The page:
The Threat Tactics Report: North Korea versus the United States (US) and the other similar products serve to describe the foreign nation’s most common combat division with an order of battle, its offensive and defensive doctrine as articulated in its manuals or recent military actions, and an analysis of how this actor would fight if facing the US in the future.
In the last seven years, Russia has reasserted itself as a military force in Eastern Europe and the Caucasus. With the 2008 military incursion into Georgia and the 2014 seizure of Crimea and support for pro-Russian separatists in Ukraine, Russia has assumed a more aggressive, interventionist stance in Europe. In the effort to influence events in Ukraine, the Russians have used what the US Army defines as “Hybrid Warfare” to infiltrate, isolate, and dominate eastern Ukraine and Crimea. This is all a part of the strategy of what can be called “Indirect Action”—the belief by the Russians that they reserve the right to protect ethnic Russians and interests in their former states from domination by Western powers and NATO.
In the summer of 2012, HQDA G3 provided a presentation to the Chief of Staff of the Army (CSA) focused on small arms overmatch at the squad level. This presentation resulted in questions raised by the CSA regarding the nature of the Army’s holistic strategy for small arms dominance into the future. HQDA G3 received the task to follow up on these questions and present back to the CSA a comprehensive small arms strategy. In support of the HQDA G3 mission, ASA(ALT) SAAL-ZT as the responsible agent for the Army’s science and technology investments, agreed to identify and prioritize future concepts with potential to enable long-term small arms overmatch for US military forces from the period 2020-2040+.
The Korean peninsula is a location of strategic interest for the US in the Pacific Command (PACOM), and many observers note that North Korea is an unpredictable and potentially volatile actor. According to the Department of Defense in its report to Congress and the intelligence community, the DPRK “remains one of the United States’ most critical security challenges for many reasons. These include North Korea’s willingness to undertake provocative and destabilizing behavior, including attacks on the Republic of Korea (ROK), its pursuit of nuclear weapons and long-range ballistic missiles, and its willingness to proliferate weapons in contravention of United Nations Security Council Resolutions.”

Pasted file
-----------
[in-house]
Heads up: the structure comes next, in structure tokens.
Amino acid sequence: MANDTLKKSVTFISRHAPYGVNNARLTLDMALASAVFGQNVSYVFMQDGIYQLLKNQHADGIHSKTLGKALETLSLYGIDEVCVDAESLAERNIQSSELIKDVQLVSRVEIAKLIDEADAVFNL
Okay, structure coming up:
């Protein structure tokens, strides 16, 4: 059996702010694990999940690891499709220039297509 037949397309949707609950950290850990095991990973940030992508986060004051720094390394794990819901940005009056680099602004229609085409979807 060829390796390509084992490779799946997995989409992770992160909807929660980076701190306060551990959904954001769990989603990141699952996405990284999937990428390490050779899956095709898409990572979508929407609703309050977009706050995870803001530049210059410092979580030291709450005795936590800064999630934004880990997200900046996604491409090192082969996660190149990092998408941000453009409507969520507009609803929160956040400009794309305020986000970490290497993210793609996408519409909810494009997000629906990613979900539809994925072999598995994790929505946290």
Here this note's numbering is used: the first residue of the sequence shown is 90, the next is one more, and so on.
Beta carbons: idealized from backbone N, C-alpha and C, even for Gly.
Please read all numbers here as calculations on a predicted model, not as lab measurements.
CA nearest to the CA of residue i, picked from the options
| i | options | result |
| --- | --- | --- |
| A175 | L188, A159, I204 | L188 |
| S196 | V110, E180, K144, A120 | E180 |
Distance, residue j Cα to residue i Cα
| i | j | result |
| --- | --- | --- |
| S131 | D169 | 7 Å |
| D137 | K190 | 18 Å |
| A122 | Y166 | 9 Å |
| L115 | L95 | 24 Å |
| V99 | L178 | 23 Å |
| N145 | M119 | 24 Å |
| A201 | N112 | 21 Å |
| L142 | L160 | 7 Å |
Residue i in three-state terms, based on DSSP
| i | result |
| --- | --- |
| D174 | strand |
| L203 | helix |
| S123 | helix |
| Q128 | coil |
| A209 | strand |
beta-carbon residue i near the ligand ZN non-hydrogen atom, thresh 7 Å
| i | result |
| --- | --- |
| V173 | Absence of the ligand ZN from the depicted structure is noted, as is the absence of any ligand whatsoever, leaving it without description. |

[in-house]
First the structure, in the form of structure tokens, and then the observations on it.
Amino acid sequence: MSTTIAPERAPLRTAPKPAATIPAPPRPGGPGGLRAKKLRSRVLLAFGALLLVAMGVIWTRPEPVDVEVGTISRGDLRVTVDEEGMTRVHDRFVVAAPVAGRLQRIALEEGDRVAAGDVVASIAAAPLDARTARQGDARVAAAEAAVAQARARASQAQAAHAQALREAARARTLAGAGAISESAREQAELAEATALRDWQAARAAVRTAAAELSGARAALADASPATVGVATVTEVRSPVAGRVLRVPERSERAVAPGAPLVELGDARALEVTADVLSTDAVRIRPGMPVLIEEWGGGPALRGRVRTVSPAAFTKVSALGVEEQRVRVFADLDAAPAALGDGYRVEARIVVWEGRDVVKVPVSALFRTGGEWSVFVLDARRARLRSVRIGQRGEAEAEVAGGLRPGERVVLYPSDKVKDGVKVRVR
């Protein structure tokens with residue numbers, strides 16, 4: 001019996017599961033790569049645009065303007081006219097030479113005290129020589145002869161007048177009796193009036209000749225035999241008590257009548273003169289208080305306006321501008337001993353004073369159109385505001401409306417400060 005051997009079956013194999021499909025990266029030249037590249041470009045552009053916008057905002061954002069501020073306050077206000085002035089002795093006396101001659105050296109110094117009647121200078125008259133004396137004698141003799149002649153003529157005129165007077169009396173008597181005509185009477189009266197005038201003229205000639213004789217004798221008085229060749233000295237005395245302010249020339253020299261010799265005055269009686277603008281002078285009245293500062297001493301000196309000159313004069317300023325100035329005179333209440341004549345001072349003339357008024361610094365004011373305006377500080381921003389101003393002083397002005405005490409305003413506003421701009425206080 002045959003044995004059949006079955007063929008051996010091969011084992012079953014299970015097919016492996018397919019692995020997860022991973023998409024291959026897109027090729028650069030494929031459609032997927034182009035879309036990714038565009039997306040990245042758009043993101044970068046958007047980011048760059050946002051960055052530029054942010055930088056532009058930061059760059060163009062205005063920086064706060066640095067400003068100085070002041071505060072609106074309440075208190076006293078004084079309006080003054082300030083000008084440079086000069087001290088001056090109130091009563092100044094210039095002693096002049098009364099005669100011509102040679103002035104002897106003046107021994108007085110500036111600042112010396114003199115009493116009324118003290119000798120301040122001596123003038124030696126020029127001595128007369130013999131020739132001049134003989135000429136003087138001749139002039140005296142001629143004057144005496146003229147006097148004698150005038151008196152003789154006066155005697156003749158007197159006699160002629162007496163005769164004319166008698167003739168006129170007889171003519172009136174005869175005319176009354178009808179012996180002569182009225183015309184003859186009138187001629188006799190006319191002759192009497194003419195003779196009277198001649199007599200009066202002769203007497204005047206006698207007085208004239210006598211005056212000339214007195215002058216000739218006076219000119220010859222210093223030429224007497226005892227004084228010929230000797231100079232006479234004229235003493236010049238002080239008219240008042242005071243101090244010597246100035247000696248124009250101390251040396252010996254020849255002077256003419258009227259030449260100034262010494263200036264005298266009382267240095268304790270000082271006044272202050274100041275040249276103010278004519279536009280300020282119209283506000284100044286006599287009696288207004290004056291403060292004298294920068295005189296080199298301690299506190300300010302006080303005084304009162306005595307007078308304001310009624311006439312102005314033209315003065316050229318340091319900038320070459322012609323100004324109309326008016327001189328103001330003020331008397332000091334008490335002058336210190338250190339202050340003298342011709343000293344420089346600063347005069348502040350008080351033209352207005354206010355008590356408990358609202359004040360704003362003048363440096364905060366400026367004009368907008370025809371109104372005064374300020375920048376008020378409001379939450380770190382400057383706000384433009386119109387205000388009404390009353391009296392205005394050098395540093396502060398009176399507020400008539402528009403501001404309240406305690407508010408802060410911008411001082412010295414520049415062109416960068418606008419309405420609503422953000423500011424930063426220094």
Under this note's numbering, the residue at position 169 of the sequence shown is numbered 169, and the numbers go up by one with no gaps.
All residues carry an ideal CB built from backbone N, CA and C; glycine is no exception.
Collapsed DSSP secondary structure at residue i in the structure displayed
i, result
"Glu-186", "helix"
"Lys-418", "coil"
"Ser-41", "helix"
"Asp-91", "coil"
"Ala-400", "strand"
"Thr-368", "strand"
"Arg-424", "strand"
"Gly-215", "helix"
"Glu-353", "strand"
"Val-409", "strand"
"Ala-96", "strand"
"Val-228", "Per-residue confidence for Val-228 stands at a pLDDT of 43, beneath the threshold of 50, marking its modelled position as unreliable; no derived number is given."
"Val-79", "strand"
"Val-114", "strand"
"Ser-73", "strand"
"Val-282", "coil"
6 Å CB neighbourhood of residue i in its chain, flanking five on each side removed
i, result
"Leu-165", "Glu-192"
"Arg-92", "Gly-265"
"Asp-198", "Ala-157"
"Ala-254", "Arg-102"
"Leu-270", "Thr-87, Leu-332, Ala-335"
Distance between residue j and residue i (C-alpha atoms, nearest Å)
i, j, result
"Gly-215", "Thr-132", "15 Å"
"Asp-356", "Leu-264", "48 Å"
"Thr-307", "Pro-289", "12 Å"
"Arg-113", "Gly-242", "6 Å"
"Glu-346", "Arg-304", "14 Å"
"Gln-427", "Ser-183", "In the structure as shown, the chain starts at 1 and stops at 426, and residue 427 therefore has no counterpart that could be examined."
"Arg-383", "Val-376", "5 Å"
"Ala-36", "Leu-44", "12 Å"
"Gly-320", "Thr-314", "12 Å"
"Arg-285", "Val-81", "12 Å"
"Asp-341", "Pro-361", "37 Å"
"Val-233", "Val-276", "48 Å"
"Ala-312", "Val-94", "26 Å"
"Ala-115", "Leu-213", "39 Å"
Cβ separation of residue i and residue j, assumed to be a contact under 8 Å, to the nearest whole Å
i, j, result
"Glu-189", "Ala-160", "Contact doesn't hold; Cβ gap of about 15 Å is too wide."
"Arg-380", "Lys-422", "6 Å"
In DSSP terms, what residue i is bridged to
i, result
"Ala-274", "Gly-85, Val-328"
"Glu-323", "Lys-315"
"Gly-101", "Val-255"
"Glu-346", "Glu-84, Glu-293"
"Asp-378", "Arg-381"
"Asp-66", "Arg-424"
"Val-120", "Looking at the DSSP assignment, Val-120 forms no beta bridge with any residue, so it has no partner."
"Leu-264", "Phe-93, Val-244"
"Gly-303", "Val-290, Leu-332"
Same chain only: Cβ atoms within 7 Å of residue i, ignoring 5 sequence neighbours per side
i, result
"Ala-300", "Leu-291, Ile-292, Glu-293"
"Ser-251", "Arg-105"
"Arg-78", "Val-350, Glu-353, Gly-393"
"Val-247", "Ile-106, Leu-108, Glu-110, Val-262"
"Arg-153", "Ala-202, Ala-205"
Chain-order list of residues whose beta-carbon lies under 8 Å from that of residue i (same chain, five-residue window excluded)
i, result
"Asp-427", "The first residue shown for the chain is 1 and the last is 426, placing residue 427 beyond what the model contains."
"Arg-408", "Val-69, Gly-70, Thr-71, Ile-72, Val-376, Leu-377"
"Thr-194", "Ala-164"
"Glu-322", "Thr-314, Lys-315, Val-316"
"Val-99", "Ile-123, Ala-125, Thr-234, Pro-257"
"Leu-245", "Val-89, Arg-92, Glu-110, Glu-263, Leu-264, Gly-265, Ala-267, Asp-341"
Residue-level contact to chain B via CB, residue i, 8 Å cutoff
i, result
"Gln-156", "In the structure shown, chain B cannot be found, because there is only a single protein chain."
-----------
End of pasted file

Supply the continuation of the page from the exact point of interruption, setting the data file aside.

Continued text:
ATP 2-33.4 provides information on how intelligence personnel conduct intelligence analysis in support of unified land operations. It describes approaches used to conduct intelligence analysis and describes how intelligence analysis assists commanders with understanding the complex environments in which Army forces conduct operations.
Urban warfare is not a new phenomenon. The U.S. Army saw urban combat in the Revolutionary War, the War of 1812, the Civil War, and elsewhere. Starting with World War II, overall armed conflict began to occur around centers with a high population density. This new backdrop for conflict has caused a whole new set of challenges, especially in an era of public scrutiny. The “Army’s capacity to engage, fight, and win major urban combat operations will determine the success of future operational and strategic endeavors.”
The Mad Scientist 2050 Cyber Army project explored the visualization of the Army’s Cyber Force out to 2050 and its ability to address three major objectives of the Army’s Cyberspace Strategy for Unified Land Operations 2025: What does the cyber environment look like in 2040-2050 (how will cyber influence the environment and the population? What will connecting look like / what will they connect to? What are the drivers influencing this or not)? How do we build an Army Cyber Force that can dominate the cyber domain in the context of the multi-domain battle concept to gain a position of relative advantage? How can we build shared goals and expectations as well as develop an understanding of roles and responsibilities in order to build and maintain partnerships with U.S., and international academia, industry, defense departments/ministries and other agencies to enhance cyberspace operations? What new ideas should we be considering? Co-sponsored by the TRADOC G-2 and the Army Cyber Institute at the United States Military Academy, the 2050 Cyber Army project leveraged submitted papers, an on-line technology survey, and a 13-14 September Mad Scientist Conference that generated the insights synthesized in this report.
This TC serves as a guide to describe the fundamentals of how to incorporate IO at the tactical and operational level. Appendixes A through F offer tactics, techniques, and procedures (TTP) Special Forces (SF) Soldiers can use to analyze and plan information operations. This TC implements Army and joint IO doctrine established in FM 3-13, Inform and Influence Activities, and Joint Publication (JP) 3-13, Information Operations. This TC reinforces the definition of IO used by Army forces: IO employs the core capabilities of electronic warfare (EW), computer network operations (CNO), Military Information Support operations (MISO), military deception (MILDEC), and operations security (OPSEC), in concert with specified supporting and related capabilities, to affect or defend information and information systems and to influence decisionmaking. This TC is specifically targeted for SF; however, it is also useful to Army special operations forces (ARSOF) and the Army in understanding how SF employs IO.
Published in three volumes, (Ground; Airspace & Air Defense Systems; and Naval & Littoral Systems) the WEG is the approved document for OPFOR equipment data used in U.S. Army training. Annual updates are posted on the ATN website. Therefore it is available for downloading and local distribution. Distribution restriction is unlimited. This issue replaces all previous issues.